Vanessa D’Alessio wrote a great piece over at TitsandSass around the issue of showing your face in conjunction with your online escort work. My response got eaten by the Intertubes, I think. Instead of reposting, I decided to expand on it a little here.
This article has been at the back of my mind since I read it last week. My arc has been slightly different than hers. When I started stripping, I was fairly out and allowed myself to be photographed, topless, for one of my club’s websites (back when the Internet was indeed tubes that connected computers using gerbils and string). They never removed the picture despite repeated requests, even after I left stripping and began escorting. (It was later removed only because they redid their site.)
When I first began escorting 16yrs ago, I was full face, no tattoo-photoshop. No one ever popped up in public to identify me. I was extremely open about it to friends, family, and nowhere near as discreet as I usually am now. I knew it wasn’t harmless, I recognized that review culture was toxic, that I had to screen to avoid cops and bad clients. But I never felt unsafe with my face online at that time.
Was that naivete? Possibly. Or the world was just a little bit less connected then than it is now. The Patriot Act was only a few months old when I started, though I hated it then too.
But the more I’ve experienced and seen and heard, the more I keep my head down and do what I can to be a mystery to potential clients (and how to keep it vague in person with almost everyone). I can’t say I experience much backlash for hiding my face and other details escorts often share on their sites or social media. I reveal other things instead that are of no matter to me but act as fodder for those who want “more.” (A similar concept to my fake real name when I was a stripper.) I also screen like hell because the risk has just gotten worse. I get way more backlash for my screening requirements than my photo or social media gaps. I practice personal privacy assiduously in my real life too, though laws are making it tougher in that realm as well.
Anyone who knows me knows how much I’ve touted privacy, endlessly, even those who complain about how “complicated” it is. My life is my own and I’d like to keep it that way as much as possible, thanks. There is nothing too complicated when it comes to that.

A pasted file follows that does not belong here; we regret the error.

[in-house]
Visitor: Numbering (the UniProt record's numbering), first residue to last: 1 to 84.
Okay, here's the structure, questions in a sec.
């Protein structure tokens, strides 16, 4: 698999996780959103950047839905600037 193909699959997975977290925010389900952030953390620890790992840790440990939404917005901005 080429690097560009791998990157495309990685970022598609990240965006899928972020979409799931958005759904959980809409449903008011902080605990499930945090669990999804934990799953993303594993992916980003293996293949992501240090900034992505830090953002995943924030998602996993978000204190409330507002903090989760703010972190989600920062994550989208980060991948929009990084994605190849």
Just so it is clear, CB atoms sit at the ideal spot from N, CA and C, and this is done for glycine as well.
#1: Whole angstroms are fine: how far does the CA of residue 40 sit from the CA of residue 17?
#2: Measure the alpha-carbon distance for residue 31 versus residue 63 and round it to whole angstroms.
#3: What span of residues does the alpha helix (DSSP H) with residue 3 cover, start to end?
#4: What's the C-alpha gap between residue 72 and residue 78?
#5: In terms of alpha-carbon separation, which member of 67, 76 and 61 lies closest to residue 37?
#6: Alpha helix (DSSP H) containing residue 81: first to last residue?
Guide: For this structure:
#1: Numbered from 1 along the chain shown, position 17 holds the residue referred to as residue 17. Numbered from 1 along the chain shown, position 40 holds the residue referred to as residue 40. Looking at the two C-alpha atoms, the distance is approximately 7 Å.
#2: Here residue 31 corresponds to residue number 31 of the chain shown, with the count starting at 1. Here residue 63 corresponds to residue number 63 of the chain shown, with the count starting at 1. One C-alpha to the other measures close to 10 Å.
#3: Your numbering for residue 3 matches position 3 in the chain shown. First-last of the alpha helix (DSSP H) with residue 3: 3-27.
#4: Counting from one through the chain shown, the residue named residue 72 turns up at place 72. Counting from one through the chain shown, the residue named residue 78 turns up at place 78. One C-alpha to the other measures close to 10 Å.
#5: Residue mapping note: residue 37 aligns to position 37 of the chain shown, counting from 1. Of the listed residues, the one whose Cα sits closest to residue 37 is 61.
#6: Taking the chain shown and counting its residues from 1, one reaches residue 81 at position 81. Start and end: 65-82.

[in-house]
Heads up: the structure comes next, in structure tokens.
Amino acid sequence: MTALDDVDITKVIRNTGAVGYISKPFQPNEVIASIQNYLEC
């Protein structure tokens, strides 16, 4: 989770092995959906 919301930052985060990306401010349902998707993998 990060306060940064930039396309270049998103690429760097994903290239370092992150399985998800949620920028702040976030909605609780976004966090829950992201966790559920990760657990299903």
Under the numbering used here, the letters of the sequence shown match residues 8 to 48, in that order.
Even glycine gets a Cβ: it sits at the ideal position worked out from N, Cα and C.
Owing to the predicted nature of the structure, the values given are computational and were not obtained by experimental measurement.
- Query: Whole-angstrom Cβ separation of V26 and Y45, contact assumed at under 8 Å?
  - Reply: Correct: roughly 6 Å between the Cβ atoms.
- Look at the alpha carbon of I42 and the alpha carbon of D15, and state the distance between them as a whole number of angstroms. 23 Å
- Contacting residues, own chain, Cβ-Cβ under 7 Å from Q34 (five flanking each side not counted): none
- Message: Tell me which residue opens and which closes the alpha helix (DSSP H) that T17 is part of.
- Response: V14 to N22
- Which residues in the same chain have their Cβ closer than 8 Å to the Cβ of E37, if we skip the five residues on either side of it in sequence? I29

I’ve long practiced personal online hygiene and have nearly zero trace of my personal self online. If it weren’t for this business, I would have almost nothing online at all. I saw the value of privacy long ago. I am often a contrarian. Back when everyone was touting “transparency” and joining every social media platform they could and splashing their lives everywhere, I asked myself what the obvious backlash from this would be. If the general populace was online, then where would the privilege and value reside? The answer to those questions was simple: privacy and zero online footprint. Good thing for us it’s not reserved solely for the rich, any poor person can have this luxury too by simply keeping themselves off the Internet.
I guess what I’m trying to say is that a microscope has slowly started being turned on us, both as sex workers and citizens living in the US. You have to be able and willing to cultivate double and triple lives/facades in order to be safe, IMO. You have to keep all this precisely compartmentalized.
But since you almost have to be online to be an escort, then keeping it strictly controlled under the boundaries of your persona is the only answer, keeping everything as compartmentalized as possible. This requires planning, research, and not posting when sleepy/drunk/high. It’s going to be worth it to your life in the long run.
For those who are afraid of Amazon revealing their home address via their Wishlists…why the fuck is anyone having anything delivered to their home??? This is Privacy 101. Learn it, live it, live it, live it. This is the only arena of my personal life where I’m comfortable with lying like a champ–to anyone who wants my actual, real info.
No, clients often have little clue of the value of what they’re asking for when they ask for more and more to be revealed online. Though I daresay the smarter clients are starting to want companions who keep a little online mystery as well. It makes them feel safer as they’re slowly becoming away of how many people can become connected if one person fails to log off their Facebook account (for example).
And yes, young sex workers often have little clue in the value of what they’re giving away. I wish more sex workers would shout from all their social media that they’re not going to reveal (whatever privacy lines they decide) and why. For more pieces like D’Alessio’s to encourage sex workers to cultivate the age-old sense of mystery the profession usually has. It’s seductive, sure, but it’s also such an important part of harm reduction these days.
PS: Despite what D’Alessio thinks, BBBJ was extremely common in Texas, and most cities I toured, well before 2008. Ironically, the majority of the ladies who offered it charged less than I did, who did not. I always thought that the greater the risk, the more you charge. That’s a Sex Work 101 lesson.
I see sex workers monetizing their social media, probably with that lesson in their head. I never think they charge enough.